Nadal overcomes illness, Cilic in Italy

Nadal overcomes illness, Cilic in Italy

Published May. 13, 2011 1:00 a.m. ET

It was, admitted Rafael Nadal, a risk. But, after sweeping into the semifinals of this ATP Masters Series at the Foro Italico by outplaying Marin Cilic 6-1, 6-3, the title holder felt it had been a risk worth taking.

He had been ill the day before with a fever and only started to feel better a few hours before he went on court against Cilic.

"Now I feel much better," said the world No. 1, who is starting to feel the hot breath of the unbeaten Novak Djokovic on his neck. The Serb could have grabbed the top spot if Nadal had lost today. "But I was thinking a lot about how I tried to play in Australia after getting ill in the Middle East the week before and this also happened to me before a Davis Cup against Switzerland. But Rome is very important to me and of course so is Roland Garros. So I had to think about the risk. I decided to play against Lopez yesterday but was prepared to go out during the match if I felt bad."

There was never any chance of that today as Nadal started to resemble himself again.


"I was able to move faster and be more aggressive with the legs," he said. "So the shots become better, too."

Cilic, a powerful hitter who stands 6-foot-6, is struggling to live up to his early promise at the moment. Just over a year ago he reached No. 9 in the world at the age of 21 but has slipped back since and is now languishing at 23. He has the weapons to do better and it was his inability to prevent Nadal from outmaneuvering him which cost the Croat any chance of offering much of a contest.

Andy Murray was first up on Campo Centrale on another gloriously sunny Roman day. For the first time, he found himself facing Florian Mayer, an unorthodox German who plays a little like a taller and more powerful Fabrice Santoro, the recently retired French wizard. Mayer doesn’t hit with two hands on his forehand, as Santoro did, but he winds up with a big back swing on that flank and undercuts viciously on the backhand.

For a while it was all too much for Murray who lost the first set 6-1 and went off for a bathroom break, chuntering dark Scottish oaths to himself. After fighting back brilliantly to take the match 1-6, 6-1, 6-1 Murray admitted that he had been a little confused.

"I decided to go off for a toilet break and think about it," he said. "I had to let some emotion out. He makes you feel a little inferior out there because he makes the game look so easy. I needed to get pumped up and get my legs moving. His forehand is harder to read but his slices go deep through the court and are tough to handle."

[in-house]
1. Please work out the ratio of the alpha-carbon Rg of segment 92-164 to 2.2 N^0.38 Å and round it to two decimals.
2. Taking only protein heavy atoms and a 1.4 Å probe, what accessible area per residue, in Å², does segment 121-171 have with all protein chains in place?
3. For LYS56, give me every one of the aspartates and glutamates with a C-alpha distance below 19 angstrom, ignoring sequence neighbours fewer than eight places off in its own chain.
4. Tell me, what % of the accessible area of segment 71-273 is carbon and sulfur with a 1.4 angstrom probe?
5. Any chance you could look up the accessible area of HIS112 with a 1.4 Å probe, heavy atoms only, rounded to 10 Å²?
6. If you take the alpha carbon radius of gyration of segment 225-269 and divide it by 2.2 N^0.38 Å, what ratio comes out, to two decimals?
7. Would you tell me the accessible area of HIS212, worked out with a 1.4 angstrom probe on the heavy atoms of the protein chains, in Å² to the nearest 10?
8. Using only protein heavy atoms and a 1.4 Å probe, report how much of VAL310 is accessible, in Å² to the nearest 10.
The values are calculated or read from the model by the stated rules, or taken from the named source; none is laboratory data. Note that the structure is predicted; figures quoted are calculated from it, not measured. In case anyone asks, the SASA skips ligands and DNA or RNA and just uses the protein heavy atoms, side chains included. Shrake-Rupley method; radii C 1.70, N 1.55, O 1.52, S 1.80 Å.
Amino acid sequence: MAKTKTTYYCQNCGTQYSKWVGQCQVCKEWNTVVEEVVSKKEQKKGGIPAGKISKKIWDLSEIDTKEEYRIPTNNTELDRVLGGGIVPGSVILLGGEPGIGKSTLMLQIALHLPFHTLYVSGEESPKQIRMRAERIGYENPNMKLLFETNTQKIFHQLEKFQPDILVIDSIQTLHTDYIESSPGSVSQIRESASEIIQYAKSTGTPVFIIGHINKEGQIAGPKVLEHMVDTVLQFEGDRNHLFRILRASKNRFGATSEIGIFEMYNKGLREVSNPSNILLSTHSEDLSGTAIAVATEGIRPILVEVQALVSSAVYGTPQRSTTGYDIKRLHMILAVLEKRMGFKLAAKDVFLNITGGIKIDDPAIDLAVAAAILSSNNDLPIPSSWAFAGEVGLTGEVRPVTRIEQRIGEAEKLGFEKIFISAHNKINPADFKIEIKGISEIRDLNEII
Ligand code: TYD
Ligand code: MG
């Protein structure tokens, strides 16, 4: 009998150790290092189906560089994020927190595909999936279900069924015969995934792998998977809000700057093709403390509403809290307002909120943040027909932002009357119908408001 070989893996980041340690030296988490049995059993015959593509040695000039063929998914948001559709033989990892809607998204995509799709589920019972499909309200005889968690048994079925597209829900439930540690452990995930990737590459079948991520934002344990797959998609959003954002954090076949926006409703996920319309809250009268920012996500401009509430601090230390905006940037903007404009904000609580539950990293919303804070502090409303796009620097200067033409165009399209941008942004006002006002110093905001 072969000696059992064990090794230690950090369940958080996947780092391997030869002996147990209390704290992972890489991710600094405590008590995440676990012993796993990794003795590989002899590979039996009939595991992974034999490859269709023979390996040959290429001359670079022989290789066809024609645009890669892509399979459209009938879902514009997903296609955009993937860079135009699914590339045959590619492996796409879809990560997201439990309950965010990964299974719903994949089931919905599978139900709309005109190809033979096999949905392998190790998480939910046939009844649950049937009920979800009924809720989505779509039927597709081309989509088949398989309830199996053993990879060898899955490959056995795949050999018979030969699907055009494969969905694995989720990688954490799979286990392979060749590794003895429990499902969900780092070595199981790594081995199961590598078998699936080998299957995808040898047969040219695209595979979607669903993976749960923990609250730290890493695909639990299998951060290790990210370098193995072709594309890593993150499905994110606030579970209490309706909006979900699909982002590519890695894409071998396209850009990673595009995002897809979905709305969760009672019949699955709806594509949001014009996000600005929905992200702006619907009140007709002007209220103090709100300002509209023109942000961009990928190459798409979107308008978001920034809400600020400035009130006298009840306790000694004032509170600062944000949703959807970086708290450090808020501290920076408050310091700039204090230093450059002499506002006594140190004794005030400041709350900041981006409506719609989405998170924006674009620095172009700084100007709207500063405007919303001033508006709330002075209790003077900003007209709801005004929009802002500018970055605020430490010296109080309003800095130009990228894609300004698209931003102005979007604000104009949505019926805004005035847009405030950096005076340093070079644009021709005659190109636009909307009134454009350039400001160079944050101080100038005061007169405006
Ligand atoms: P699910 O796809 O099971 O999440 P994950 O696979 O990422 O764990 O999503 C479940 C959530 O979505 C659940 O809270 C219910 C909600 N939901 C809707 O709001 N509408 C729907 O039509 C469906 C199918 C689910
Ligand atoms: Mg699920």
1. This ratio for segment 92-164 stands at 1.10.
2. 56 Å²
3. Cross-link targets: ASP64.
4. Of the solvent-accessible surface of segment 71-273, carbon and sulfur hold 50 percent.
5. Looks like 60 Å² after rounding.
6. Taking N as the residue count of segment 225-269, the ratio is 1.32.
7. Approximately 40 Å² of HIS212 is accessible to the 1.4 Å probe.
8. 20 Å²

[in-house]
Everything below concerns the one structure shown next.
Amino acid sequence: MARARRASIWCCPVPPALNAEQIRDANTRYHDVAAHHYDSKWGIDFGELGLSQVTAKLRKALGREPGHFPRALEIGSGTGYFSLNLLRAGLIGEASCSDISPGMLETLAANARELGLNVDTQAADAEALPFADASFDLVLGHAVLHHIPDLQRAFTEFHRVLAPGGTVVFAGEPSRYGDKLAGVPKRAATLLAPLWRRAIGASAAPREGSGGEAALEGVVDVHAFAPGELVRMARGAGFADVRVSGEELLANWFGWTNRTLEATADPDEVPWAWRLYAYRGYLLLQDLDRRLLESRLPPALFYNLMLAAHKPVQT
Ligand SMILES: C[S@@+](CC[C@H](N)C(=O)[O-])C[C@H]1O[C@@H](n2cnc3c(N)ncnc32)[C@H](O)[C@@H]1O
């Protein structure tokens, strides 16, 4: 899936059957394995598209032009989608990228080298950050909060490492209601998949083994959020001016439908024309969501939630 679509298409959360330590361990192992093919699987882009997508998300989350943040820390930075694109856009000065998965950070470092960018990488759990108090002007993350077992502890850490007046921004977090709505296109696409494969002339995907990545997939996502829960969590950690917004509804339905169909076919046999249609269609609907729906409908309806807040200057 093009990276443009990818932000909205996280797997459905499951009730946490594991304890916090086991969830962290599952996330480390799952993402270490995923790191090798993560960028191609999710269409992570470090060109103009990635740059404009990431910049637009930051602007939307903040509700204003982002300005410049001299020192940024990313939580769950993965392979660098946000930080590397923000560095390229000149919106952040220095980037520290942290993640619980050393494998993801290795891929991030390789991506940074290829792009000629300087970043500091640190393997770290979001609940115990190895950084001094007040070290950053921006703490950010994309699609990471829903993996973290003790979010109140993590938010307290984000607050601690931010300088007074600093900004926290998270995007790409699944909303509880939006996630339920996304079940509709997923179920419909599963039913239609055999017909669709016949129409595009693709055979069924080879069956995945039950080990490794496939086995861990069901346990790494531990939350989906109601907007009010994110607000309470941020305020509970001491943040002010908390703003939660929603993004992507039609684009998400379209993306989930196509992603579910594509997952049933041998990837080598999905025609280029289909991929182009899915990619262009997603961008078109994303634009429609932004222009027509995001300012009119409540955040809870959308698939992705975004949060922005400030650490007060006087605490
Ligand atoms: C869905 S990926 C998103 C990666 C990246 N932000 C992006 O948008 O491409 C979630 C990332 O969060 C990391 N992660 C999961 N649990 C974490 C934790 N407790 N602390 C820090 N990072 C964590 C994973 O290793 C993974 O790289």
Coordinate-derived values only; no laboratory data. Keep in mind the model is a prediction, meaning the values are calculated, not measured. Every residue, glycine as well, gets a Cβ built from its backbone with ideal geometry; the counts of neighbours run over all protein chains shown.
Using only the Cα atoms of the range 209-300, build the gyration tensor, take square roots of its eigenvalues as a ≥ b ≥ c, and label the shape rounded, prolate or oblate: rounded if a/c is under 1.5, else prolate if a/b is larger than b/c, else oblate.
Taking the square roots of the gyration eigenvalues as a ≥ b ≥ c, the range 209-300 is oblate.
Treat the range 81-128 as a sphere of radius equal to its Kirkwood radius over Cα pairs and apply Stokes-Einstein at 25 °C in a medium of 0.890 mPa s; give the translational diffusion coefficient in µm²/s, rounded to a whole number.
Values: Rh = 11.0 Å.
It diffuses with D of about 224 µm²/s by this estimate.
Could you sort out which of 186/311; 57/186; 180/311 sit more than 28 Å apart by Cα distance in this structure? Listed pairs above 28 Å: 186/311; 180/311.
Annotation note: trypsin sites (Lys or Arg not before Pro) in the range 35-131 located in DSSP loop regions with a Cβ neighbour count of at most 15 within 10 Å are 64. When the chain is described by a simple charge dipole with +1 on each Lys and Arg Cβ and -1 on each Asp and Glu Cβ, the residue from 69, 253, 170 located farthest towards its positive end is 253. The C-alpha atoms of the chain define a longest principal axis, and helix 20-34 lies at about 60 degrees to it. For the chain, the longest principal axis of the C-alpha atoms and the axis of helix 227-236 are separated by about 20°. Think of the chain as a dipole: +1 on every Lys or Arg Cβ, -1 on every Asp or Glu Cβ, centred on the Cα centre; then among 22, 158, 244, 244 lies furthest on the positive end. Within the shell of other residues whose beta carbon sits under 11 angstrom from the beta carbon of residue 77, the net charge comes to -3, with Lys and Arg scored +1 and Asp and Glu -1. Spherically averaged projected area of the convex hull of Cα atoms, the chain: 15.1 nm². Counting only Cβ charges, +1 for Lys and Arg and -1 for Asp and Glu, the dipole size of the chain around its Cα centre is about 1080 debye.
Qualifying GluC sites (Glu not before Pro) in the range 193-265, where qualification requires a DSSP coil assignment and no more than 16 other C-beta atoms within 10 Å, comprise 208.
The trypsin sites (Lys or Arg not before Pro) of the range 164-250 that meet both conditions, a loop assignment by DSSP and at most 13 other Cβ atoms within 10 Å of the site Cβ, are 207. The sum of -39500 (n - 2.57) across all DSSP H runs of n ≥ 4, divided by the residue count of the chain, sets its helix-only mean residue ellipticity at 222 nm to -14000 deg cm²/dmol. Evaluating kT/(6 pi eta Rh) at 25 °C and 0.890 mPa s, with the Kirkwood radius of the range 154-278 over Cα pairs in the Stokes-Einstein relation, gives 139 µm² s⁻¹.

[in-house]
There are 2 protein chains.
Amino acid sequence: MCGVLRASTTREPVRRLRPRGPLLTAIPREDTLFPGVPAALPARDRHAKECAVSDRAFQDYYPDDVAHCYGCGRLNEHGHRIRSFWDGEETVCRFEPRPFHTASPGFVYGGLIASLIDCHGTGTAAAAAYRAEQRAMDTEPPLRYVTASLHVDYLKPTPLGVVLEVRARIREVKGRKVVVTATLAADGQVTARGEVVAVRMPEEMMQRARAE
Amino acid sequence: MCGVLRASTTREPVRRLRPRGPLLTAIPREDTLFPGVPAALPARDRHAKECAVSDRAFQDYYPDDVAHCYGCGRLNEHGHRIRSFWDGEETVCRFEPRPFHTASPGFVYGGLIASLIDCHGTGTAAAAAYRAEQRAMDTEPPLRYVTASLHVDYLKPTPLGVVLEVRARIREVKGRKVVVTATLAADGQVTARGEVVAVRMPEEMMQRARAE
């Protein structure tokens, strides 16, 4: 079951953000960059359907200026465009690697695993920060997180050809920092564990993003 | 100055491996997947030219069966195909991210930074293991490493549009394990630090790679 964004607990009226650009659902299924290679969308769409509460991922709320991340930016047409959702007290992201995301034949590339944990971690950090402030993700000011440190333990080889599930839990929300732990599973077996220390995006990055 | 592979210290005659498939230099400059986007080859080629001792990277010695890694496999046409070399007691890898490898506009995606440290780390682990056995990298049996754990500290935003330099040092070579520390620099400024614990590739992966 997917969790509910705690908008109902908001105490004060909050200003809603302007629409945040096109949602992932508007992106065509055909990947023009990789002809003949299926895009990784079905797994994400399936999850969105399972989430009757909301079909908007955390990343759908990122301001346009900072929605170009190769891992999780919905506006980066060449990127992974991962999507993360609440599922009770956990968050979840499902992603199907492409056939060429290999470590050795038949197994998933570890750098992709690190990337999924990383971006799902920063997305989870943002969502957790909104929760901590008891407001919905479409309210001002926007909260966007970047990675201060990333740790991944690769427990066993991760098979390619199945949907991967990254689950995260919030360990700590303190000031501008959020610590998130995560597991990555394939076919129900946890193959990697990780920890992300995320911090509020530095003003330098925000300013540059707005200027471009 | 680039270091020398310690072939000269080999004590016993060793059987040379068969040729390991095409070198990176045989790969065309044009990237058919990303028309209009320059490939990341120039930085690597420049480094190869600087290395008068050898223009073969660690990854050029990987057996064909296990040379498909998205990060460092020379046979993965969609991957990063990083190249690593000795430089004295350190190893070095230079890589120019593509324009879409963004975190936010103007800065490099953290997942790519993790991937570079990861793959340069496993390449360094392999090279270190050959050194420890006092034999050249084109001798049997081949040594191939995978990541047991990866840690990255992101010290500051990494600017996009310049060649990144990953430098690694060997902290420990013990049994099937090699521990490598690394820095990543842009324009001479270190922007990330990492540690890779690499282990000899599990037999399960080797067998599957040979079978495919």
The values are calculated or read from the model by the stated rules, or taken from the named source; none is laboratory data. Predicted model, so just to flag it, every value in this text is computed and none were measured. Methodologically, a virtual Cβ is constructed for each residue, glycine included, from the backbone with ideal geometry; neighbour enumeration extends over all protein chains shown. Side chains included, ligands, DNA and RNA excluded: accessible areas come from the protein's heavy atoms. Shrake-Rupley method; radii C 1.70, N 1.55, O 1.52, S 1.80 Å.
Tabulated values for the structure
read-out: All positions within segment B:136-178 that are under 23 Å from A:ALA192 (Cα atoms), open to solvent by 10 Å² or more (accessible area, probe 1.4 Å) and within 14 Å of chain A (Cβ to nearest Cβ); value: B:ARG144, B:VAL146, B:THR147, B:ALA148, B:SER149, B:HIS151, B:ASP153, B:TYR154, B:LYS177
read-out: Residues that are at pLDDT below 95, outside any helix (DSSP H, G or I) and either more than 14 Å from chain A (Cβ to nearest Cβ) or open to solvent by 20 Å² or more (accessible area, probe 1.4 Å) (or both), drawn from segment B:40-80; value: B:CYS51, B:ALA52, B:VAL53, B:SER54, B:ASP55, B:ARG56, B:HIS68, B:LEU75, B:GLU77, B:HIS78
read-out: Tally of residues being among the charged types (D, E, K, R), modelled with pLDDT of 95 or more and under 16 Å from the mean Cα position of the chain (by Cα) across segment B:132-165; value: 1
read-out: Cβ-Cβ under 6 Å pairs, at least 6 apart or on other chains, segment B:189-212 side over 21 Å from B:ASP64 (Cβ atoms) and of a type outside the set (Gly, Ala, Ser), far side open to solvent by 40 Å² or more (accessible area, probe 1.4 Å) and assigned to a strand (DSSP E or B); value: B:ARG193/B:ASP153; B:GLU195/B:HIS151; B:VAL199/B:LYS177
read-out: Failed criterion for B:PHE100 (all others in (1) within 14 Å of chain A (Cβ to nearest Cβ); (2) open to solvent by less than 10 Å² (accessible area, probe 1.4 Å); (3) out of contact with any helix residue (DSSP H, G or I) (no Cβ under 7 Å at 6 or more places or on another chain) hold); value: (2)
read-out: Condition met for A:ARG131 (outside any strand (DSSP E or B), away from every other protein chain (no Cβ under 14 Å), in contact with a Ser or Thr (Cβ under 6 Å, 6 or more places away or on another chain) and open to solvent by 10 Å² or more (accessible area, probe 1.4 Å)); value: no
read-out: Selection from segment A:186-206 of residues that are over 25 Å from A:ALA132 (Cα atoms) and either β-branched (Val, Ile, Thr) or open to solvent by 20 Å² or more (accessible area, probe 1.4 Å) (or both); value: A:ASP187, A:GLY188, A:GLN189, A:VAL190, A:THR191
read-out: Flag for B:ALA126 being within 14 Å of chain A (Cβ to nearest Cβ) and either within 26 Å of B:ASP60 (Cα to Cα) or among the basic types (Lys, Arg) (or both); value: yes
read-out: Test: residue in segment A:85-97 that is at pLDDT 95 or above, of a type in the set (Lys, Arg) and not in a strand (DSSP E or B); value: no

Murray credited himself with thinking through the problems and deciding to put more kick into his serves after being broken three times in the first set and again at the top of the second.

"I was also more patient," he said. "I was certainly thinking better than I had been in the States in March."

By reaching the semifinal, Murray created a little bit of history. Not since 1932 when Pat Hughes, a colleague of Fred Perry on the winning British Davis Cup teams of the 1930s, did so had a British player reached the last four at what used to be known as the Italian Open.

Murray will now play Djokovic in the second semifinal on Saturday evening, setting up a repeat of their Australian Open final in January. Djokovic, of course, has been on a tear since then and took his unbeaten streak to 35 matches this year with a resounding 6-3, 6-0 defeat of Sweden's Robin Soderling. The first few games were close but once Djokovic got into his hard-hitting rythm the aura of invincibility took over and Soderling faded into the night.

Later Richard Gasquet put in a bid to become the first Frenchman to win the title here since Yannick Noah in 1985 when he recovered well from a set down to beat the big Czech, Tomas Berdych, 4-6, 6-2, 6-4. Berdych received a code of conduct warning for arguing over a line call and refused to shake hands with the umpire at the end. Mild, really, in comparison to another Czech, Jan Kodes who, while playing on this same court, now called Pietrangeli but previously the Center Court, shoved the referee in the chest during one of his three losing finals here in the 1970s. Kodes was defaulted.

Gasquet, who will now play Nadal in Saturday's fist semifinal, used the improved forehand that helped him beat Roger Federer on Thursday to break Berdych for 4-3 in the third.

Out on Court Two, John Isner and Sam Querrey came through a thrilling doubles duel against the Austrian-Polish combo of Oliver Marach and Lukasz Kubot 1-6, 6-4 and 12-10 in the doubles super tiebreaker.

Caroline Wozniacki battled through to the semifinal of the women's event with a hard-fought victory over Jelena Jankovic on Campo Pietrangeli by 6-3, 1-6, 6-3. The Danish world No. 1 lost an early break in the third set by trying a silly drop shot (all drop shots seem silly when they miss), but she broke back immediately despite some spirited resistance on the part of Jankovic, who shares the odd distinction with Wozniacki of having been ranked No. 1 without ever winning a Grand Slam.

Soon after, the crowd inside the main stadium was silenced as Sam Stosur reversed the result of last year's French Open final by defeating Francesca Schiavone 6-2, 6-4. The Italian favorite chased everything in her customary bustling style, but Stosur was far more clinical than she had been in Paris and produced a close replica of the 6-3, 6-4 win she scored against Schiavone here in Rome in 2007.


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